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  6. This is a beauty but the enlarged version is awesome! The tire (tyre?) 😉 tracks and the fence on the background along with the sky are more noticeable that way. Fabulous, bud. But the sheepdogs and farmer would have been fun to see. xxx ATP

    Liked by 1 person

    • Adrian Lewis says:

      Gemma, thank you for these good words! But don’t you ever tire of using tire for tyre … ? … so different … 😉 ..

      Yes, I know, the dogs and the farmer, I’ve seen them twice now, I think they’re always along this lane early in the day – but both times I’ve been in the thrall of the bitter marmalade sandwiches and the hot coffee – I must try harder, I know ….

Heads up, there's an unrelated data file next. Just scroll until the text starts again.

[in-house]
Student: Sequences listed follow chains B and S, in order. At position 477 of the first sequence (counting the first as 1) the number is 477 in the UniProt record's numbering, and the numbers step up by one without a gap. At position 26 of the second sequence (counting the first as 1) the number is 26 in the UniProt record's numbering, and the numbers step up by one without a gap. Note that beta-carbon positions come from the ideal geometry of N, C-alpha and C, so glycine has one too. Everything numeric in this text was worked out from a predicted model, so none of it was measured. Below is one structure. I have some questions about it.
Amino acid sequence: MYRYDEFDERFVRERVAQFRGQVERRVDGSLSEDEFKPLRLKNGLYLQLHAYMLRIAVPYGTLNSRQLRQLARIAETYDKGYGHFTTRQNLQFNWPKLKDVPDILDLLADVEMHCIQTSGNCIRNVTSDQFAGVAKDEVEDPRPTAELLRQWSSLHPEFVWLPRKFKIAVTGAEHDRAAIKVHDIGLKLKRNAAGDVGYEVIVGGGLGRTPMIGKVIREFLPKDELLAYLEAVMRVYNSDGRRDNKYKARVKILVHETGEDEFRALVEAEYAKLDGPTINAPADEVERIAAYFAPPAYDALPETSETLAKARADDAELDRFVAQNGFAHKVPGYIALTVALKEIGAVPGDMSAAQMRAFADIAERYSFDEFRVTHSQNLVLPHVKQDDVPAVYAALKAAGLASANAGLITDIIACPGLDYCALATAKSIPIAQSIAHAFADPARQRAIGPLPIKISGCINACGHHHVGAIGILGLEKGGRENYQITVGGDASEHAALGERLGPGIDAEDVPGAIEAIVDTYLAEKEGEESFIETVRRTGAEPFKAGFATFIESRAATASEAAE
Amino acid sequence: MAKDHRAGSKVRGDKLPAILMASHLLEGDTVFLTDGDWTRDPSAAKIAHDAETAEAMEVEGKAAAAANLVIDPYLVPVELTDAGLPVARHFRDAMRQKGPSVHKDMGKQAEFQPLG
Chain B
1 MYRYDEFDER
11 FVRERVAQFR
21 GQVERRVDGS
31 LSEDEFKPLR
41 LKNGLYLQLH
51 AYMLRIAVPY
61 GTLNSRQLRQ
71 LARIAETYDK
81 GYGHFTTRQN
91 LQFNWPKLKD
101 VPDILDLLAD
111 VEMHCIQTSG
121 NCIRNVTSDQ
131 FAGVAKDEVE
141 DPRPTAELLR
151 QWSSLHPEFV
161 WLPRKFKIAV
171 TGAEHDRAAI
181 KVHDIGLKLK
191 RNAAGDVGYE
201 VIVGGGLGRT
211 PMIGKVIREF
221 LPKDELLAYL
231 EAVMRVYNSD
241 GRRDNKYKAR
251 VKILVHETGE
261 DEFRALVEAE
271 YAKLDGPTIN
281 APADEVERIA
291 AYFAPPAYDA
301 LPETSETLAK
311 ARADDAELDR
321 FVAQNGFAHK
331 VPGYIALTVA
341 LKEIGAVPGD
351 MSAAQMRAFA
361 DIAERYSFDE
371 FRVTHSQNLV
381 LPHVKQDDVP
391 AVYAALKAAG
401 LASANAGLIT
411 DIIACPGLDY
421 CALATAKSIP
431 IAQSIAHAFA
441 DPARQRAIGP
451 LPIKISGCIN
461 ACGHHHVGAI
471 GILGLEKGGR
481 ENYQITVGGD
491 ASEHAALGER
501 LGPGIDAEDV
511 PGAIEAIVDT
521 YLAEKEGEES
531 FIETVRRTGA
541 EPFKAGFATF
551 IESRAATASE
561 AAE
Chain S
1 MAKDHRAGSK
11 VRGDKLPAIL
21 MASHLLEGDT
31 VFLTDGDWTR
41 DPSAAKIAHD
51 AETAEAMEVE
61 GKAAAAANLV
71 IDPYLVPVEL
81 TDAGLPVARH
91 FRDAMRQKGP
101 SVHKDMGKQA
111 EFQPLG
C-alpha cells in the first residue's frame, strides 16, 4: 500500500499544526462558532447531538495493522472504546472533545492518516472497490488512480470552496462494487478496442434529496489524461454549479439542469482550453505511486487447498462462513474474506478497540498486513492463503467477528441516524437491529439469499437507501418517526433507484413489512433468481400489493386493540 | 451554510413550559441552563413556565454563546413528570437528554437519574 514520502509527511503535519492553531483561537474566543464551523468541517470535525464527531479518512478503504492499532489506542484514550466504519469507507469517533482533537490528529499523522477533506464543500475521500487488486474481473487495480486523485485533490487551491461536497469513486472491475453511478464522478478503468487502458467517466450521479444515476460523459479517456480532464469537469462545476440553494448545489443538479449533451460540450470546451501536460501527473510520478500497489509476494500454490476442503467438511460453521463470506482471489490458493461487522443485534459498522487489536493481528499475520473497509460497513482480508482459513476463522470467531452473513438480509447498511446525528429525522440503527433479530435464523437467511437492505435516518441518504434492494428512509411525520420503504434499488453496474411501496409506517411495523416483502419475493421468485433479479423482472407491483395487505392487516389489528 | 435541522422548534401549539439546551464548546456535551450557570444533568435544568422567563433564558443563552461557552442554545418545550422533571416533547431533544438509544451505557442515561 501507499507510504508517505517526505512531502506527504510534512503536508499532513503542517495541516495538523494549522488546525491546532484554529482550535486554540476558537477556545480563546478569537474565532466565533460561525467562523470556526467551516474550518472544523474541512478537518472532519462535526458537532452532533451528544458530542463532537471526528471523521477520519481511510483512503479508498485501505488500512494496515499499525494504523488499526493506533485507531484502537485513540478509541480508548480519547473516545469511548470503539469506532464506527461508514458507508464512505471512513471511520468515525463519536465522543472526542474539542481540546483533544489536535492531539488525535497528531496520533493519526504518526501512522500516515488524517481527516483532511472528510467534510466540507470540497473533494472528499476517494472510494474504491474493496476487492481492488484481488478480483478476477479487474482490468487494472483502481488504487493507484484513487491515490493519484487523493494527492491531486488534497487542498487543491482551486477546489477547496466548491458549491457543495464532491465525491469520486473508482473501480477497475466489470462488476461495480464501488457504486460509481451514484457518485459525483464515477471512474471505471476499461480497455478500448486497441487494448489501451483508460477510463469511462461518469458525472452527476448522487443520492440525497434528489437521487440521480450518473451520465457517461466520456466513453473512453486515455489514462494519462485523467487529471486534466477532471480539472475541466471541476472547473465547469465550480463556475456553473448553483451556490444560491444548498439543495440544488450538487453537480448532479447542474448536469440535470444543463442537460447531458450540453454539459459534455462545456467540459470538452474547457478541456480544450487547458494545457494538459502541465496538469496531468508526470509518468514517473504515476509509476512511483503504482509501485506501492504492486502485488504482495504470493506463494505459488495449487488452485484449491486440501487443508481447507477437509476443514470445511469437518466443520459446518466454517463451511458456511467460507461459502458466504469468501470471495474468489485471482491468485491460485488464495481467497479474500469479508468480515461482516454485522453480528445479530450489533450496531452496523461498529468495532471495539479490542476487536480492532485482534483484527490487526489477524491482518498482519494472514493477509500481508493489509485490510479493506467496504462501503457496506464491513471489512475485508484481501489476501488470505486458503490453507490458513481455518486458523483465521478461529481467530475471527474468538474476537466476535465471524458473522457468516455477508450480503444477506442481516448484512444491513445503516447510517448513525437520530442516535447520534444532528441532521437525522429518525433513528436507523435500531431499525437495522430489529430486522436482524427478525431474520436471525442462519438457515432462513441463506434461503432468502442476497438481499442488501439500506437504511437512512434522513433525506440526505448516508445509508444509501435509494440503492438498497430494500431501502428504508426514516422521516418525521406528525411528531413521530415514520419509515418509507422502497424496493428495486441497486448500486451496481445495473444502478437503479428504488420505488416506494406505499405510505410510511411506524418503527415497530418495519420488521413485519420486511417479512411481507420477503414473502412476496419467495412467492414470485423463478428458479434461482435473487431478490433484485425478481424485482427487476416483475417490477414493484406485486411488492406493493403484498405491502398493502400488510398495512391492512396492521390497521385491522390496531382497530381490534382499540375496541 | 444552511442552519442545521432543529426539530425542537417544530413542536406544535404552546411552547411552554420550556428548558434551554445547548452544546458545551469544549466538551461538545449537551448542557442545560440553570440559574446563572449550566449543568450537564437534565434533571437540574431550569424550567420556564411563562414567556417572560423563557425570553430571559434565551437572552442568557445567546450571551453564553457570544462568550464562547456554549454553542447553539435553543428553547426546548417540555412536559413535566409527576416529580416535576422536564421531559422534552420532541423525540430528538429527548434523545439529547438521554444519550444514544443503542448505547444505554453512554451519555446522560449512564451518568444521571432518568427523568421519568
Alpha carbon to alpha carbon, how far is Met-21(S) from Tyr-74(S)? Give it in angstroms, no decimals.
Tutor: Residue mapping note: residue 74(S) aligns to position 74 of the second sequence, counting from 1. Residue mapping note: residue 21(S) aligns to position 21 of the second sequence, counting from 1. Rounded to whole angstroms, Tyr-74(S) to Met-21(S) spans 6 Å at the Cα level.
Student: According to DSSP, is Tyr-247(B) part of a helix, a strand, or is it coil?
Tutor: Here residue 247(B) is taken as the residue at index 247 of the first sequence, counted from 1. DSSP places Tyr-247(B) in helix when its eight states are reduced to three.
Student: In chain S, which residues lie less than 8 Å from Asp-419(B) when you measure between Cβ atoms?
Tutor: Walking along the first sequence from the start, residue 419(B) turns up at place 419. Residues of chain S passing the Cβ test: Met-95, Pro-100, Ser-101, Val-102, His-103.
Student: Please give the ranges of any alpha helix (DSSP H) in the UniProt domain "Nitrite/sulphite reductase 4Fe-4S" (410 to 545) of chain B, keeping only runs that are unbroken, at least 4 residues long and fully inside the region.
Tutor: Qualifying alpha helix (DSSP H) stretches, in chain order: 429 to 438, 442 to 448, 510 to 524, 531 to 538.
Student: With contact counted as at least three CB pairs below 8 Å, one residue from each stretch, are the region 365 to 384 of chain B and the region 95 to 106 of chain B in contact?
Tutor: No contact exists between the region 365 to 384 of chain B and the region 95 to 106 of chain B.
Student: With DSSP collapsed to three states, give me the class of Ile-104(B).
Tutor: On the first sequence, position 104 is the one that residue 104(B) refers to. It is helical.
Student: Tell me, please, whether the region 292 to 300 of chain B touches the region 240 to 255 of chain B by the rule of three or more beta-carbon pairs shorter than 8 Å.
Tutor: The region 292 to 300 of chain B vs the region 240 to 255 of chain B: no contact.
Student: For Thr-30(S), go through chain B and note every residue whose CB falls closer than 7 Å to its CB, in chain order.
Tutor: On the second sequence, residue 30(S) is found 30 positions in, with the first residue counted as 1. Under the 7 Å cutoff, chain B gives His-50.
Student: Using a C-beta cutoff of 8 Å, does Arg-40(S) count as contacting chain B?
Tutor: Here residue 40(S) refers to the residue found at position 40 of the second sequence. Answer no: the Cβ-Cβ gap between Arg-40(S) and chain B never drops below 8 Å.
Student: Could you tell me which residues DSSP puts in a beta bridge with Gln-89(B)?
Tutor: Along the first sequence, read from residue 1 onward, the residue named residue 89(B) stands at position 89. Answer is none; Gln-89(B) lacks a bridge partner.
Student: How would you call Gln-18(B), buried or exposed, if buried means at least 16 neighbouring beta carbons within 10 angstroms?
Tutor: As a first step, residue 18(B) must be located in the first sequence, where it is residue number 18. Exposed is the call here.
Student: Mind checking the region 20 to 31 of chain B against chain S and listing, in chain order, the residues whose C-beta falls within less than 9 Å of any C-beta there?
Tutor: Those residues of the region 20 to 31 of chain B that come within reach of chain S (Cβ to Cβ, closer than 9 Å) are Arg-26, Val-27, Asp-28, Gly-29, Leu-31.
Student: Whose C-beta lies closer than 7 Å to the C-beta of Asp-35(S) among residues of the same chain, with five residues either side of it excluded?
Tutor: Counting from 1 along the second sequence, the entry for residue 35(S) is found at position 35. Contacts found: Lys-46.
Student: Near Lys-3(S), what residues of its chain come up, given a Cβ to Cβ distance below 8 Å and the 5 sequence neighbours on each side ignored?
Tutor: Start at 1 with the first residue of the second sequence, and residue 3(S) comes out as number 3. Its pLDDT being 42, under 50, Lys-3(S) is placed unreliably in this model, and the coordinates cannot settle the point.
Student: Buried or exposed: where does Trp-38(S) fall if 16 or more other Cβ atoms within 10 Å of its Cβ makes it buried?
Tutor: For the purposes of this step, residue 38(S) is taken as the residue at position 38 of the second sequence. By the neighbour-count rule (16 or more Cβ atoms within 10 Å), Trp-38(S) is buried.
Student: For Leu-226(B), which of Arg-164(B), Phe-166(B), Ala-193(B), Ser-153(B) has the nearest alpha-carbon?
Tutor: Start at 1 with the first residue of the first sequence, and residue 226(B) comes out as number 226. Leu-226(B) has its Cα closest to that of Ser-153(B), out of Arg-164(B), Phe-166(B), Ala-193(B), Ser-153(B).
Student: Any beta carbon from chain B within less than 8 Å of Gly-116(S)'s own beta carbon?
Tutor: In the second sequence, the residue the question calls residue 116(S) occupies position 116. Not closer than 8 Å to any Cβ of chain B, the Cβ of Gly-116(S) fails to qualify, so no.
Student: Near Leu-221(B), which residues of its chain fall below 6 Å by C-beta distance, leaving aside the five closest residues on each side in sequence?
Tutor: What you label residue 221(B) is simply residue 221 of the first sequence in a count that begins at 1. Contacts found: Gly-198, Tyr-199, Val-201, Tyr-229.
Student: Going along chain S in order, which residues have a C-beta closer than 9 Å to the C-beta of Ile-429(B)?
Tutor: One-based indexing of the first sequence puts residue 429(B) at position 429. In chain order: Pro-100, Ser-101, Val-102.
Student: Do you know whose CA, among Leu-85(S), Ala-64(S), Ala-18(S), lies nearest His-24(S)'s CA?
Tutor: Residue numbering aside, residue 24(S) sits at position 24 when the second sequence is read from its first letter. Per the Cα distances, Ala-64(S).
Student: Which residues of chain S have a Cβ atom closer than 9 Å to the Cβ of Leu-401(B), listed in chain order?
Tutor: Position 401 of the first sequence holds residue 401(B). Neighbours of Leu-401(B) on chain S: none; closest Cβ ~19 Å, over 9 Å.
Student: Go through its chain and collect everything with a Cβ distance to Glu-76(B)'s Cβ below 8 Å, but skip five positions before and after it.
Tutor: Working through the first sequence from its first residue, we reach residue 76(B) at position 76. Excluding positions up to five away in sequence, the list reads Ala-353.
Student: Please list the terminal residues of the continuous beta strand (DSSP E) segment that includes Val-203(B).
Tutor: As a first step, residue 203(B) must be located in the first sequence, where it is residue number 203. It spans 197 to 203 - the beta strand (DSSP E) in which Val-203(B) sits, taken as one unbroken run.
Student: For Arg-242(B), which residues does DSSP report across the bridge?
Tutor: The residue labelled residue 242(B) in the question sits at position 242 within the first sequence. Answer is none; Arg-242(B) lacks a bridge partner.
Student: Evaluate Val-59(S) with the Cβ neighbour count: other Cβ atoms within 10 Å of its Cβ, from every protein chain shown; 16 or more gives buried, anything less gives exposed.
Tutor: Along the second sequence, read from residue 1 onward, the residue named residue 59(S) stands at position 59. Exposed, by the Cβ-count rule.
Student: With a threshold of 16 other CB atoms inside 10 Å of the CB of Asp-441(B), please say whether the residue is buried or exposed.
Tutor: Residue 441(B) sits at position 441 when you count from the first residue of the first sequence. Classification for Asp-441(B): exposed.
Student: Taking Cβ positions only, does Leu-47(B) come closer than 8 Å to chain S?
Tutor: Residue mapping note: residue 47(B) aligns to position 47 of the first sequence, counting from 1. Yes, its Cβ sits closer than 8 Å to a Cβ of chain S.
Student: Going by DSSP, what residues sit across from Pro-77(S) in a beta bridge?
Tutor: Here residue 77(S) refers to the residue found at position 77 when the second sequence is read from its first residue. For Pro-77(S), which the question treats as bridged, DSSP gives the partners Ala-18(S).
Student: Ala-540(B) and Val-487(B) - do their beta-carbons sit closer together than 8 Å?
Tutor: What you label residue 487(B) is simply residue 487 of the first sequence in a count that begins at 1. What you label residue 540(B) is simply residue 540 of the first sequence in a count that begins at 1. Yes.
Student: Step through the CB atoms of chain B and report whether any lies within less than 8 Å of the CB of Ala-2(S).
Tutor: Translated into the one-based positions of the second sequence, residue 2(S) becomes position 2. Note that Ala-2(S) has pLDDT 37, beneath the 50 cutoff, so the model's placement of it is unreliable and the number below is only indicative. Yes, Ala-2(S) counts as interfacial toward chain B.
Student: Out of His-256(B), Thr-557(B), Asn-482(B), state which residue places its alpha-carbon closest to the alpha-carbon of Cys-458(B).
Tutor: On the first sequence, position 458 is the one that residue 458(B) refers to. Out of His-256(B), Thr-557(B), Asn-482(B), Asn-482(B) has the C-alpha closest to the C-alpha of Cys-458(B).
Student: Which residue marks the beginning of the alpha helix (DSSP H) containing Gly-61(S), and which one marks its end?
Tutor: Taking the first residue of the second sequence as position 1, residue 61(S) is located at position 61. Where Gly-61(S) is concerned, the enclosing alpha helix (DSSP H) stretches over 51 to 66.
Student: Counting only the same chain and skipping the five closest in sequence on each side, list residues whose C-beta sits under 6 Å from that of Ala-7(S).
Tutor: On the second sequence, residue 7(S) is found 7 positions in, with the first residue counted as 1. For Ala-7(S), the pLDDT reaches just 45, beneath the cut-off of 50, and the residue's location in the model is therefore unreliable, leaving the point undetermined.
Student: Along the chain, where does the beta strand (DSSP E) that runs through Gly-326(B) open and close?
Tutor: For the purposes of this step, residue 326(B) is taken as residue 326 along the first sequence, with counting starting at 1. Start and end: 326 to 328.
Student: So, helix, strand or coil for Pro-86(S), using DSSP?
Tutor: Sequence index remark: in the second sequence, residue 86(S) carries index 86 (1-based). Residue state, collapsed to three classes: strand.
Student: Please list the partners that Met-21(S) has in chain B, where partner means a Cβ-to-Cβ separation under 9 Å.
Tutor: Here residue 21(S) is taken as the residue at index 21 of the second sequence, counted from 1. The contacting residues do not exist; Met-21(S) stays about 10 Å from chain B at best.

I hope you and your’s are doing well! All good wishes from ATP xxx

      Liked by 1 person

  7. karijeppesen says:

    …so good, Adrian…all this beautiful mirrors of water…

    Like

  8. Sallyann says:

    I do like puddles and although I popped across to the full size picture and the black and white showed up the texture beautifully, I couldn’t help but think maybe a nice orange hat and some cheerful green wellies might make the picture a little less… well, maybe… colourless.? 🙂

    Liked by 1 person

    • Adrian Lewis says:

      Hahaha >>> colourless is what it is! >>> I knew you’d have reservations!!! Grave reservations??? Having said which I am aware that my last three posts have all been mono, so may be its time for some dayglo, must go out and get a can/barrel. As always, Hallysann, its good to hear from you! 🙂 A

      Liked by 1 person

  9. Pools of sky on the ground.

    Liked by 1 person